Success is getting what you want; happiness is liking what you get

Tuesday, August 22, 2017

What’s to see at Normanton?

We have a spare day on our tour today, a time to rest and relax, have a look around, and maybe, have a dip in the pool.  Normanton is is a small cattle town and locality in the Shire of Carpentaria in Queensland, Australia. In the 2011 census, Normanton had a population of 1,468 people of whom 696 were Indigenous Australians.  We asked the server in the pub where we had our meal last night what people do in her town, and she replied that they drink a lot!  Must be good for business then. She also directed us to photos on the wall of the last big flood in town, when they were cut off for some weeks.  Crocodiles came with the flood water and her blue heeler dog was taken, along with several others.  Scary times indeed.

Looking down the main street

The town has interesting stone pitched gutters, made with stone from the Normanton quarry and was laid in the 1880s.  Certainly something that we hadn’t seen before.  Obviously after all this time, parts are starting to crumble away.

Stone pitched gutters in town

Our accommodation for two nights is at the Normanton Tourist Park, in ensuite cabins.  We have a lovely peaceful view from our shady deck.


An artesian bore was put down in 1895, to a depth of 2330ft, and provided nearly 300,000gallons per day.  Repaired in 1988 after leaking badly the flow now measures 140,000 galls per day and now services the caravan park’s hot water and supplements the town water supply.

The old bore

Robin has been happily chatting to caravan owners, as he does, talking about rigs, and tow vehicles, and goodness knows whatever else male campers talk about.  We have noticed that most Aussie caravans seem shorter than NZ ones, and all seem to come equipped with air conditioning units.

Caravans parked under the trees

After spending a lazy day in camp today, and a refreshing dip in the pool, we are looking forward to having a trip tomorrow on the first of the vintage railcars, the Gulflander.  Watch this space!

Monday, August 21, 2017

A new Adventure–Cairns to Normanton

We’re off on a new adventure, a six day coach and rail trip on the famous Savannahlander and Gulflander vintage railcars.  So it was another very early morning start to board the 6.30am  Trans North coach to take us to Normanton.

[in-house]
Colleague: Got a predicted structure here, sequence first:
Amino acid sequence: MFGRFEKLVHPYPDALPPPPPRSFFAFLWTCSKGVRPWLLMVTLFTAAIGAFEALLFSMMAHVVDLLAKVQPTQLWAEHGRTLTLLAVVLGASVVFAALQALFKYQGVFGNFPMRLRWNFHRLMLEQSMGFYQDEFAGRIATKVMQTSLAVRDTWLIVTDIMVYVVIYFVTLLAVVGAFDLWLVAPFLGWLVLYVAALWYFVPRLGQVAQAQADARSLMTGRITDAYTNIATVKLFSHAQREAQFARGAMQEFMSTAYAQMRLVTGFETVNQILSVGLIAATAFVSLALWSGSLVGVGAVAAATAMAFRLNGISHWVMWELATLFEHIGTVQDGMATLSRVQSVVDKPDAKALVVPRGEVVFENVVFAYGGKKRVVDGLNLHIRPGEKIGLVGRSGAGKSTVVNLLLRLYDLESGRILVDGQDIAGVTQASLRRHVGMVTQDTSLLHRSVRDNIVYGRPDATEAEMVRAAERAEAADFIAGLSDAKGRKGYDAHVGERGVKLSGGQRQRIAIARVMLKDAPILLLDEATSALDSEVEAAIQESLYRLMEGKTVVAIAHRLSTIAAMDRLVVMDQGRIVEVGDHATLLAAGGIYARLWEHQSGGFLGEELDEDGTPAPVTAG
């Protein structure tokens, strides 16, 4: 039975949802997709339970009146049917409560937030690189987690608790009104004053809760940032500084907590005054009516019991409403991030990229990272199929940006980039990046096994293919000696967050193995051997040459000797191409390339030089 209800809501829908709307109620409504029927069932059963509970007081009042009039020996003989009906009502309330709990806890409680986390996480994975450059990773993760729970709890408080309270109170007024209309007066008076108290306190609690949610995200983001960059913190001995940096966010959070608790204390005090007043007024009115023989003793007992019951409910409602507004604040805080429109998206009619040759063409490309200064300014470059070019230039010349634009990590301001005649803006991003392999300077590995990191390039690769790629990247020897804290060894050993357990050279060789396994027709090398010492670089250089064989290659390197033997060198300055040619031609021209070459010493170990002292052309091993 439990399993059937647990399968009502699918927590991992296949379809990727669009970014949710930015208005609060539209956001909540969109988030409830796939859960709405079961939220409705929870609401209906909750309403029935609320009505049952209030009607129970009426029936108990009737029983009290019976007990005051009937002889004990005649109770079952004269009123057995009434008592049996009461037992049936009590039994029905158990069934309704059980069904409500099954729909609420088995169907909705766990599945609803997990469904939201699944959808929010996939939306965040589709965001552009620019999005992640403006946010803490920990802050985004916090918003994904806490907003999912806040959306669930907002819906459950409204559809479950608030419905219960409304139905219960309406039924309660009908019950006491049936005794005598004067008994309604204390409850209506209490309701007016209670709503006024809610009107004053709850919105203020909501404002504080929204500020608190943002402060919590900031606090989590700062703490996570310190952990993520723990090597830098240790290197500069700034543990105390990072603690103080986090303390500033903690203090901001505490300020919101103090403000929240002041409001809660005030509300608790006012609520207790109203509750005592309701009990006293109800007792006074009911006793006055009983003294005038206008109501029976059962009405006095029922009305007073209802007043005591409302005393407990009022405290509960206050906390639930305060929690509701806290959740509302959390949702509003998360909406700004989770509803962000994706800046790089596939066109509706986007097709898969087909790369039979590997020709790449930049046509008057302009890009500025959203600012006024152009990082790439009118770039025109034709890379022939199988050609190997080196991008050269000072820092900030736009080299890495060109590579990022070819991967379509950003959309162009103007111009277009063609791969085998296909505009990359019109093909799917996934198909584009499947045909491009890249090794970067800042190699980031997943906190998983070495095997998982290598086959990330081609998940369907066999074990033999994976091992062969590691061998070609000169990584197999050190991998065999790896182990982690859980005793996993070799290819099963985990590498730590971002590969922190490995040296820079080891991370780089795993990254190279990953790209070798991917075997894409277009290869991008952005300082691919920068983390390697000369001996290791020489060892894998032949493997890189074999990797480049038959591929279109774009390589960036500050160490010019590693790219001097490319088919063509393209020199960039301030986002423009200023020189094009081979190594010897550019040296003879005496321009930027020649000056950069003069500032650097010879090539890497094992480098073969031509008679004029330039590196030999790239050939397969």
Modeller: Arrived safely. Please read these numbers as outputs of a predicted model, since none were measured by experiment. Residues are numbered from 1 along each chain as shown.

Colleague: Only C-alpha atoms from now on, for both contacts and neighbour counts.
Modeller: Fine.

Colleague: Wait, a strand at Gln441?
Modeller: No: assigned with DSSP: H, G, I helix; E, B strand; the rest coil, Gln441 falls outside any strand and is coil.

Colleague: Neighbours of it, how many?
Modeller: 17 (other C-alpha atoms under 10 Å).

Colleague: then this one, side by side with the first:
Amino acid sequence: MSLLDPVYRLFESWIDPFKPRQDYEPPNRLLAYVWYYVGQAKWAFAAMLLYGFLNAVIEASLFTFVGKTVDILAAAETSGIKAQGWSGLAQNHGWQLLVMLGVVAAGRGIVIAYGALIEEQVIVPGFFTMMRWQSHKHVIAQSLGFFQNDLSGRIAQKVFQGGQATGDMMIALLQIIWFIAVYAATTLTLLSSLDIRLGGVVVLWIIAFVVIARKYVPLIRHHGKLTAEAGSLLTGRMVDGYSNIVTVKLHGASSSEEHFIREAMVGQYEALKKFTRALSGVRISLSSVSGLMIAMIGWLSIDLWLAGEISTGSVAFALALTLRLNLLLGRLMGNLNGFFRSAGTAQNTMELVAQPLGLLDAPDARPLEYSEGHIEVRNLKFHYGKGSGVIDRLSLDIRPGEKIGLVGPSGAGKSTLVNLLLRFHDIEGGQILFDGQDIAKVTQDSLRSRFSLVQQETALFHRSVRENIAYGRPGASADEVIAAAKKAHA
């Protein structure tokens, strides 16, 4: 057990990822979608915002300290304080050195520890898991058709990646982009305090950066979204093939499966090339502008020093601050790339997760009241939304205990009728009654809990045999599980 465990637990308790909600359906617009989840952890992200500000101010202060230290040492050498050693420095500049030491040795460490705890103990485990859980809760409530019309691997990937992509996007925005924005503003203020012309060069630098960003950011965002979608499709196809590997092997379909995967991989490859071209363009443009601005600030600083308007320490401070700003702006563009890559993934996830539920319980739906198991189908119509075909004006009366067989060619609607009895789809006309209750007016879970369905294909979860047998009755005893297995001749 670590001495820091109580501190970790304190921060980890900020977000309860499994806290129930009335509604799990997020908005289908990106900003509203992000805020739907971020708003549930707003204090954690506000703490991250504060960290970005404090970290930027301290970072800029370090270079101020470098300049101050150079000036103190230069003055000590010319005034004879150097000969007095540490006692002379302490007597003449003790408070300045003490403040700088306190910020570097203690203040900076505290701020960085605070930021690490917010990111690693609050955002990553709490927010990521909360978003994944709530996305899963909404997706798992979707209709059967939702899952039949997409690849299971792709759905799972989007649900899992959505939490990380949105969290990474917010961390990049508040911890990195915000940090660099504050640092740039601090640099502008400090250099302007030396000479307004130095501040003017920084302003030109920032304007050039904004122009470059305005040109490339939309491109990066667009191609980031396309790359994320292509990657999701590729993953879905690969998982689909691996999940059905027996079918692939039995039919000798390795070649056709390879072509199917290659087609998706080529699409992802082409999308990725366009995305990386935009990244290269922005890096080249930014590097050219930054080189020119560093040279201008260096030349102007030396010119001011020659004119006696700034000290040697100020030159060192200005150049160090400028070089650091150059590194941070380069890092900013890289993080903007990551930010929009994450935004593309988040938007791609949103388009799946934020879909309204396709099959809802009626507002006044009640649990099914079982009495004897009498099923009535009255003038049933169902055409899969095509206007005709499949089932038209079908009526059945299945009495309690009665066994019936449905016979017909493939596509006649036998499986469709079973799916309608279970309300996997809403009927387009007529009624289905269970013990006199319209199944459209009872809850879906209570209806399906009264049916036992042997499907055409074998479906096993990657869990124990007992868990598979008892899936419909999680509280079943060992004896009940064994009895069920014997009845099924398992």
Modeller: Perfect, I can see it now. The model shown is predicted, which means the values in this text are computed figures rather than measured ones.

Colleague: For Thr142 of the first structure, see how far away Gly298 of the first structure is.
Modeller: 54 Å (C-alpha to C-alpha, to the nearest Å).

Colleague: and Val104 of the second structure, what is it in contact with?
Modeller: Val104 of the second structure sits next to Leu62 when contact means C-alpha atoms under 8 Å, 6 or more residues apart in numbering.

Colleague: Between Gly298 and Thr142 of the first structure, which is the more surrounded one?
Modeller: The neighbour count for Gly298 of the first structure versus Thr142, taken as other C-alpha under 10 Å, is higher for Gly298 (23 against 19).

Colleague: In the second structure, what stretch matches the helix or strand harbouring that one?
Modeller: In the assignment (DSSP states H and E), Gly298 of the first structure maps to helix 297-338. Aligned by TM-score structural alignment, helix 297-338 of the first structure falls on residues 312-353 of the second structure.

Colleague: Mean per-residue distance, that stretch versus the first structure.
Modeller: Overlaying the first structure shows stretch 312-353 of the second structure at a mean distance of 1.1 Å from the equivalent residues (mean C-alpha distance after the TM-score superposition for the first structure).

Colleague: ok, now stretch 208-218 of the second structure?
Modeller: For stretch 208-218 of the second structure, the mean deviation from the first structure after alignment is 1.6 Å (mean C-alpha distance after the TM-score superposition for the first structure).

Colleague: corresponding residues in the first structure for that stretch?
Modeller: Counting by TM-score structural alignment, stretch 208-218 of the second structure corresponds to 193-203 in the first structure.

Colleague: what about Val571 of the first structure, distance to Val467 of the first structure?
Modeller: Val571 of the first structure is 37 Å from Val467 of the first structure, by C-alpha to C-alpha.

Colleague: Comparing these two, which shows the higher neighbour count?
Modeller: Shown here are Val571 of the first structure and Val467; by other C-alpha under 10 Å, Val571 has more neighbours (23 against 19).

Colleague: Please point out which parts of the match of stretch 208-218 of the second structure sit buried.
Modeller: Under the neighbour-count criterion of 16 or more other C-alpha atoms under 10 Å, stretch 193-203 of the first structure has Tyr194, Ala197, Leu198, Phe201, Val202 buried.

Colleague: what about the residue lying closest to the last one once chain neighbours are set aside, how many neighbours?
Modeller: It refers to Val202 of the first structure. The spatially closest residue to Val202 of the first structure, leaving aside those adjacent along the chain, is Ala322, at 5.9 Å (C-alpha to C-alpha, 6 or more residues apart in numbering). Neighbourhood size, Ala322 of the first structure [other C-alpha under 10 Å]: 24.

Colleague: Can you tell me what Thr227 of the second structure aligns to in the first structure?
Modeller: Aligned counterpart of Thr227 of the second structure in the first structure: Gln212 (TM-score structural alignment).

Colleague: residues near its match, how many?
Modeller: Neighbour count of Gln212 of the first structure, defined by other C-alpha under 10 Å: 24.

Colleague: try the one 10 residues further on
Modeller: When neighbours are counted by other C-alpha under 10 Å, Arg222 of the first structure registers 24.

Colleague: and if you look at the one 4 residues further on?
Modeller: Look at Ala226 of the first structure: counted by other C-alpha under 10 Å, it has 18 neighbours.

Our journey took us along the Savannah Highway, through the Tablelands and over the Misty Mountains.  We whizzed by sugarcane, avocados, and banana plantations.  Driving to Ravenshoe for our morning tea stop  we travelled along the highest bitumen sealed road in Queensland, at 2500ft, we were told.

Signs seen on our journey

Travelling through the outback country we passes by the many different types of termite mounds, sadly travelling much to quickly to get good photos from the bus windows.  There were fat rounded ones , both pale and red, which we presumed depended on the soil, and these changed to smaller pointed ones which look rather like small steeples.  You may well wonder about our interest in termites, but we don’t have these back home in NZ.  There were small groups of Brahman  cattle sheltering under tree from time to time, but again, we were travelling too fast.  We passed over several creeks and rivers,  some dry as a bone, while one or two contained a little water.

Junction Creek

It was interesting to note the change in the roads as we travelled.  Sometimes it was a two lane stretch, as far as the eye could see.

Two lanes

And then occasionally stretched of the road went down to a single lane.  Approaching traffic has to pull off to the side to pass, as we did, kicking up a dust cloud.

How to pass on a single lane road (Interestingly the rules over here seem to be that all other vehicles have to pull off the tar to allow Coaches, Trucks & Road Train stay in the centre).

Finally, after an 11 hour journey of 682km we arrived at our destination for the next two nights, the Normanton Tourist Park - a cozy en suite cabin, with aircon, with a lovely shady deck outside.

A camping holiday at Normanton

Later in the evening we wandered up to one of the three local hotels for a meal.  Steak, snitzel, prawns and fish – and very generous servings they were too.  The Central Hotel had quite a history – and was built in the 1890s by a local builder, with a Shaving Parlour on the end.  The hotel had a public and lounge bar, plus a private bar and dining room.  In earlier years there was a crocodile enclosure with two resident fresh water crocodiles.  The crocs are now at Cairns Wildlife Park, one had a broken jaw and is named “Missus Scissor Jaw”.

Dinner time in Normanton

After such a big day we were ready for an early night, with the aircon going flat out.  It sure is warm in this part of the world!

Sunday, August 20, 2017

Green Island on the Great Barrier Reef

It was another glorious Cairns day when we boarded the Reef Rocket for a day out on Green Island.  This is a beautiful 6000 year old coral cay located in the Great Barrier Reef Marine Park, just 27km offshore from Cairns.  Easily accessible with travel time only 45 minutes by fast catamaran, it is an ideal way to get a small taste of the world famous Great Barrier Reef.

The Reef Rocket